"It appears that the world’s second-largest economy and biggest climate offender is on the verge of an energy shift…"
Clean Energy Shift: 'Elementary School Students Crowdfund Their Own Solar-Powered Classroom'
It's gettin' hot in here: 'Canada quietly pulls out of UN anti-droughts convention'
The Harper government is pulling out of a United Nations convention that fights droughts in Africa and elsewhere, which would make Canada the only country in the world outside the agreement.
The UN body has a research committee dedicated to finding ways to stop the spread of droughts that lay waste to farmland across the planet, particularly Africa.
Scientists, governments and civil society organizations are headed to Bonn next month “to carry out the first ever comprehensive cost-benefit analysis of desertification, land degradation and drought,” says a notice from the United Nations Environment Program.
"Also, for the very first time, governments will provide concrete data on the status of poverty and of land cover in the areas affected by desertification in their countries."
The issue of encroaching deserts has become urgent because of renewed droughts that have plunged millions into poverty in Africa’s Sahel belt last year and in East Africa the year before.
The Bonn-based secretariat for the UN body said no Canadian official had contacted them about the withdrawal.
In my opinion this is irresponsible and embarrassing and definitely not my Canada. Though I should hardly be surprised. Canada is one of the world’s worst when it comes to tackling climate change and drought is a symptom of climate change.
You can check out the rest of the article here. The bold facing in the article quote is my own.
"If it seems far-fetched to imagine millions of Americans becoming mini energy producers, just look at Germany, where 51 percent of the country’s clean energy production is owned by individuals or farmers, while major utilities control just 6.5 percent of it."
Another brilliant climate themed editorial cartoon from The Washington Post’s Tom Toles. It’s time to put out the fire (s).
(Source: Washington Post via Go Comics)
It’s gettin’ hot in here: ‘Dramatic temperature increases could threaten Canadian health, infrastructure’ (Infographic)
From The Globe and Mail:
In the past 65 years, Canada’s national average winter temperature has risen 3.2 degrees.
This reaffirms what many suspected. Canada is getting hotter faster than ever before and at a faster rate than almost any other country. Rain, snow, sleet and hail storms are becoming more erratic. What were once considered exceptional weather patterns – the kind researchers reject to avoid skewing their data – are becoming common.
Canada’s infrastructure wasn’t built for this kind of climate. And much of the burden falls on municipal governments, with road, sewer and transit systems that can barely cope with existing weather conditions, let alone future vagaries.
Local public health officials are also paying close attention to vulnerable populations as extreme heat and cold become more frequent. They use climate projections to plan West Nile virus prevention – milder winters and springs can mean more mosquitos carrying the disease.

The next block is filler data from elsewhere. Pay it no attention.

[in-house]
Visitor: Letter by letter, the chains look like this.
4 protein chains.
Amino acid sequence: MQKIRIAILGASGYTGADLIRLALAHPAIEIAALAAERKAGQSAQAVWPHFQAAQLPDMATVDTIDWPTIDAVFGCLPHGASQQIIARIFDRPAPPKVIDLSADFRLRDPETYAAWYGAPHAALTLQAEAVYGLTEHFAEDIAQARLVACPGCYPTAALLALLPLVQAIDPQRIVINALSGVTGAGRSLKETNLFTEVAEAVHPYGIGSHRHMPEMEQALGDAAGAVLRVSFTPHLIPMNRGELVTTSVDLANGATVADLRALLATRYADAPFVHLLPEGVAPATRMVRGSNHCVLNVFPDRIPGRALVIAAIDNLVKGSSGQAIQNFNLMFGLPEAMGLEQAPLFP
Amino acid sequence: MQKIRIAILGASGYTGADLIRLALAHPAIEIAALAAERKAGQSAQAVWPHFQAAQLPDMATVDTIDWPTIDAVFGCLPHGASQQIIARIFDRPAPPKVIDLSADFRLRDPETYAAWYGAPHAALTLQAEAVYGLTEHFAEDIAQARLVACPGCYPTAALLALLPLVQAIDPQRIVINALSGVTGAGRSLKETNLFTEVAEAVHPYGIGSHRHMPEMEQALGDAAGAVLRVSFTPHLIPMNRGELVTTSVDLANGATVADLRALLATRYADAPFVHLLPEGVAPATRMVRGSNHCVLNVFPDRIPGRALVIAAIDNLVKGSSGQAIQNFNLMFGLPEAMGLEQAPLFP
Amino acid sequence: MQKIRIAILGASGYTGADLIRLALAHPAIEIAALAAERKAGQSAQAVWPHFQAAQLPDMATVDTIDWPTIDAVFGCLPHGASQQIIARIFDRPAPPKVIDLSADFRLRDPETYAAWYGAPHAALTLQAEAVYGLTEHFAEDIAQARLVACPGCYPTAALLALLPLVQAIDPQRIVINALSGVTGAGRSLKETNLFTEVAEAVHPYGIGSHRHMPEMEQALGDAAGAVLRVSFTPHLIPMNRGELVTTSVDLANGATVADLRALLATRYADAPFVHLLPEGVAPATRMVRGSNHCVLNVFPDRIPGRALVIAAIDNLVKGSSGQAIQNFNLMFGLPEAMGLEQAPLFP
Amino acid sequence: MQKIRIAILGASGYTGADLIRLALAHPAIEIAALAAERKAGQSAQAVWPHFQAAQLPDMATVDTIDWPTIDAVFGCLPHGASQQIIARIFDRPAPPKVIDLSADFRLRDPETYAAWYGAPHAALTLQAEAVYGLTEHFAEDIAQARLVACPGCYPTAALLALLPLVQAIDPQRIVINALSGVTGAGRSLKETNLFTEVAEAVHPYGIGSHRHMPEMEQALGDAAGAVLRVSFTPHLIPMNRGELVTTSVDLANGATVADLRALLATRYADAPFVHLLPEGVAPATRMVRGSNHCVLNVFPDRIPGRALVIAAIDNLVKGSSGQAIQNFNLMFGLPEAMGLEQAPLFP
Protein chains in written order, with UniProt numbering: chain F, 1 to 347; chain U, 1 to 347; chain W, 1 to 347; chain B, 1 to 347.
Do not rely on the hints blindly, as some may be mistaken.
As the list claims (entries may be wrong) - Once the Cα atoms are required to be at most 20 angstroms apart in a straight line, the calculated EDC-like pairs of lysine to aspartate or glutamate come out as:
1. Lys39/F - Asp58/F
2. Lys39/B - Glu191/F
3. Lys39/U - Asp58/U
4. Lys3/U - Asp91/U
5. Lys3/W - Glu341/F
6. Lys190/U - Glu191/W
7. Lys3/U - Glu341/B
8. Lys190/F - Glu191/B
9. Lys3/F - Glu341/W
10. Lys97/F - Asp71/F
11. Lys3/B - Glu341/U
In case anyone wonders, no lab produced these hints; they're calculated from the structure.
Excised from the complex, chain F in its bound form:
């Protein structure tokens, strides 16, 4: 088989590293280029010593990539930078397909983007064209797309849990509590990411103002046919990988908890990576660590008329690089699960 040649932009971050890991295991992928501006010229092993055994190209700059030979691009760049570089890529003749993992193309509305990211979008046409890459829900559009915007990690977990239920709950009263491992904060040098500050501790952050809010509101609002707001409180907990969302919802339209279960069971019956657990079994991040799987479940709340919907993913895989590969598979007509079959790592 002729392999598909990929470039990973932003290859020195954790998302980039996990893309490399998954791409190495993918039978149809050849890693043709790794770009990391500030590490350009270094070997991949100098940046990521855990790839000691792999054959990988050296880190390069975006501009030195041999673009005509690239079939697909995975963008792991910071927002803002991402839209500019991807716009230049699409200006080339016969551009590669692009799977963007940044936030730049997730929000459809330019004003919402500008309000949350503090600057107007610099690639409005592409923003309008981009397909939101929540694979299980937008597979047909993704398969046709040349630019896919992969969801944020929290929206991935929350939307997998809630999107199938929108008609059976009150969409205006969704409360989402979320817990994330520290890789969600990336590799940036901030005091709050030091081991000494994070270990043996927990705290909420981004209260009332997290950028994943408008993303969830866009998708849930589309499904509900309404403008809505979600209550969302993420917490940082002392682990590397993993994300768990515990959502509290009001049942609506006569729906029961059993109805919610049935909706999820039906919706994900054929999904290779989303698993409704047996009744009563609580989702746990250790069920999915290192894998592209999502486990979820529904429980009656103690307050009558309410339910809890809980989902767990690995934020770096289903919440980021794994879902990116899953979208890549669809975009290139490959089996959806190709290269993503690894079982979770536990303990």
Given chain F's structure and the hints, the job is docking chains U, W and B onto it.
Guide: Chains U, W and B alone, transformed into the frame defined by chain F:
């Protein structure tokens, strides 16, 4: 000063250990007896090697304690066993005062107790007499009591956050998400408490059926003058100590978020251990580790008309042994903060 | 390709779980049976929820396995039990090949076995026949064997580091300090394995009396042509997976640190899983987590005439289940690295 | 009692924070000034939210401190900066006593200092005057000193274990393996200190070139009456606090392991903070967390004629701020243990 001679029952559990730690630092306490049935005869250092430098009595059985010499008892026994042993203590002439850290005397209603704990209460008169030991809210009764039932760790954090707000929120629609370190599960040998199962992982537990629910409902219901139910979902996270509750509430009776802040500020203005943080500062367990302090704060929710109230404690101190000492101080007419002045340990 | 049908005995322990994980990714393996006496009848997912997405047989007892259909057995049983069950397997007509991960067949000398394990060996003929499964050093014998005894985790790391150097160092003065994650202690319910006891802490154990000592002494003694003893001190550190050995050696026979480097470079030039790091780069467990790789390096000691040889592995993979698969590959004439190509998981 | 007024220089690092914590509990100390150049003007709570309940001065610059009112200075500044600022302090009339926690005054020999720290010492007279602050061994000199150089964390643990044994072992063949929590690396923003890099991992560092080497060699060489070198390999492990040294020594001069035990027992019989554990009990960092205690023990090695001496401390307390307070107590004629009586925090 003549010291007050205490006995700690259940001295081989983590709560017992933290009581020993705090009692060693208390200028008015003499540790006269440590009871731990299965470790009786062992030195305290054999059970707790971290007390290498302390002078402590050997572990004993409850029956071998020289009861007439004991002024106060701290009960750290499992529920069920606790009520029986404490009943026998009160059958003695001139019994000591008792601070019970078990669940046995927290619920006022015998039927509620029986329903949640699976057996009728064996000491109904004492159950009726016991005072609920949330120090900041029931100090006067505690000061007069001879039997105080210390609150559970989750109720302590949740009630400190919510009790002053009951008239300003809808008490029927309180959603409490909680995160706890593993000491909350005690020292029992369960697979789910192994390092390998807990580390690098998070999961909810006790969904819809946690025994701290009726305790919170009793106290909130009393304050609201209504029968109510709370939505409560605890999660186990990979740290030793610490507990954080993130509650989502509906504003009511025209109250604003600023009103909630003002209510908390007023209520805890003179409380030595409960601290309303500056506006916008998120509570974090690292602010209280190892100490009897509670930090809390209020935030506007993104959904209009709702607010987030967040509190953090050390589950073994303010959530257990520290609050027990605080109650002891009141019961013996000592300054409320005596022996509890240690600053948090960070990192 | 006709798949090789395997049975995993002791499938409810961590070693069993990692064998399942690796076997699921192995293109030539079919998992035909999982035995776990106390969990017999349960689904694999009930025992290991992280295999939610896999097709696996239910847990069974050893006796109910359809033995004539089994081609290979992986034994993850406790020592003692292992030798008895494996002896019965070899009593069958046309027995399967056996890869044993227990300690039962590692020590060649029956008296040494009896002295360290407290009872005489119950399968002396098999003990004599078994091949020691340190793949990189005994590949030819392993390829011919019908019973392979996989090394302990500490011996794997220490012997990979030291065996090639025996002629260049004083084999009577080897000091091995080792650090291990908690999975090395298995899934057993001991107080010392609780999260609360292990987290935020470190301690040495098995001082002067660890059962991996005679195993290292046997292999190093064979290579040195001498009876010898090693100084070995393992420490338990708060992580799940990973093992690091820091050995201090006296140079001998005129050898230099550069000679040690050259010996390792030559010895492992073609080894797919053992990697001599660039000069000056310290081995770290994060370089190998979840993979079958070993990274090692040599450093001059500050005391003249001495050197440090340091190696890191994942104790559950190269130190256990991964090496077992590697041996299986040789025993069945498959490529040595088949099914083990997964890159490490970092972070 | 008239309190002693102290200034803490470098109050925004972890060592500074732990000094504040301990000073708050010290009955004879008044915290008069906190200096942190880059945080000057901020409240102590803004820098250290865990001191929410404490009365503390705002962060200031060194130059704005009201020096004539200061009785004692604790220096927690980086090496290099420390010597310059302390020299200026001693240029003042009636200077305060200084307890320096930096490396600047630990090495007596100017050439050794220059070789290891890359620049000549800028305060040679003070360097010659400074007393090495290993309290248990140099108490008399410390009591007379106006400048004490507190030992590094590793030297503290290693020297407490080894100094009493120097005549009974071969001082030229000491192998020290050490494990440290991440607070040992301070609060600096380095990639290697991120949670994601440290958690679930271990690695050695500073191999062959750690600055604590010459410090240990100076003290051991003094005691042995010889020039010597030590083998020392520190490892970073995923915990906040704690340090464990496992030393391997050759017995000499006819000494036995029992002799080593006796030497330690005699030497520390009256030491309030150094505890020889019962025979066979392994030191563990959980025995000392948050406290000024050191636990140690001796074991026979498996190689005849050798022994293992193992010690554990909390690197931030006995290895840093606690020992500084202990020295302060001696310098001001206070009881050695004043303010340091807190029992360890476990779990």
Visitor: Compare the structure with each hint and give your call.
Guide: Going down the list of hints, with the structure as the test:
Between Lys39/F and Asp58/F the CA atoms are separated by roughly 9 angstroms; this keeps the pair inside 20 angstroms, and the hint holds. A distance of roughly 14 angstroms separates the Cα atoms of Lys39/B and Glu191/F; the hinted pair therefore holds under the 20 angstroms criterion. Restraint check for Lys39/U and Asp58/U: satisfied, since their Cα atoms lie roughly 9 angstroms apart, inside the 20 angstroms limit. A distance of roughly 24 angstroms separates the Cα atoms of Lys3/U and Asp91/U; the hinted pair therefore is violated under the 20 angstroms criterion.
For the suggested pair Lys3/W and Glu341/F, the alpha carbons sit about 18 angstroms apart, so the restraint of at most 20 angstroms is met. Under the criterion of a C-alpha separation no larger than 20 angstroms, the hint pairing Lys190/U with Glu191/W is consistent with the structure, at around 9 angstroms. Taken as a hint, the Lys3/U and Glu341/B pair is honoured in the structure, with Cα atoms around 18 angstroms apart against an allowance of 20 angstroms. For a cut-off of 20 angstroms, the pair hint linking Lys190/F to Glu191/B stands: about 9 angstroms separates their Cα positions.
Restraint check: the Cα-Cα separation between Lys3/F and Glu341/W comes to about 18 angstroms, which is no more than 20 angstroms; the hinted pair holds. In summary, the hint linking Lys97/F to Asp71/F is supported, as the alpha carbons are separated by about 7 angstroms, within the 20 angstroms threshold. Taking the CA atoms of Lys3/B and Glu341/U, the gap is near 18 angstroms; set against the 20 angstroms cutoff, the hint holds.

It’s a big deal for businesses, too, although many don’t know it yet. “Or they don’t want to know: They see it as a kind of capitulation,” said Blair Feltmate, who runs Canada’s Climate Change Adaptation Project.
It's Getting Hot in Here: 'China to Introduce Carbon Tax'
China will proactively introduce a set of new taxation policies designed to preserve the environment, including a tax on carbon dioxide emissions, according to a senior official with the Ministry of Finance (MOF).
China is among the world’s largest emitters of greenhouse gas and has set goals for cutting emissions. The government has vowed to reduce carbon intensity, or the amount of carbon dioxide emitted per unit of economic output, by 40 to 45 percent by 2020 in comparison to 2005 levels.
Check out the rest of the article here.
• ‘China is getting serious about taming coal’ (Grist)
In general, a perfect climate or geography does not always mean an increase in cycling. San Luis Obispo, for example, has very steep hills along main corridors. Copenhagen and Amsterdam, are very cold. All of these locations, however, have a high cycling mode share. Some important factors for cyclists, beyond infrastructure, are the presence of a supportive bike culture and bike education. Even in a city like Davis, which is flat, has a good climate, and has many biking facilities, bike mode share went down for a number of years until a concerted bike campaign effort was put into place.
I was also surprised to find—because it often seems dangerous—that people generally prefer to use bike lanes on major roads. People are also willing to walk and bike longer than planners generally assume. While aesthetics along a route sometimes get more focus from planners, they are actually secondary considerations for everyday users.
These findings show that in places of high biking and walking mode share, people use these modes just as they would use cars in a high car mode share area. Distance to key destinations, connection and lack of barriers matter the most for everyday users. These are the main issues planners need to address to increase biking and walking.
STREAMING NOW: Climate Scientist & Nobel Laureate Michael E. Mann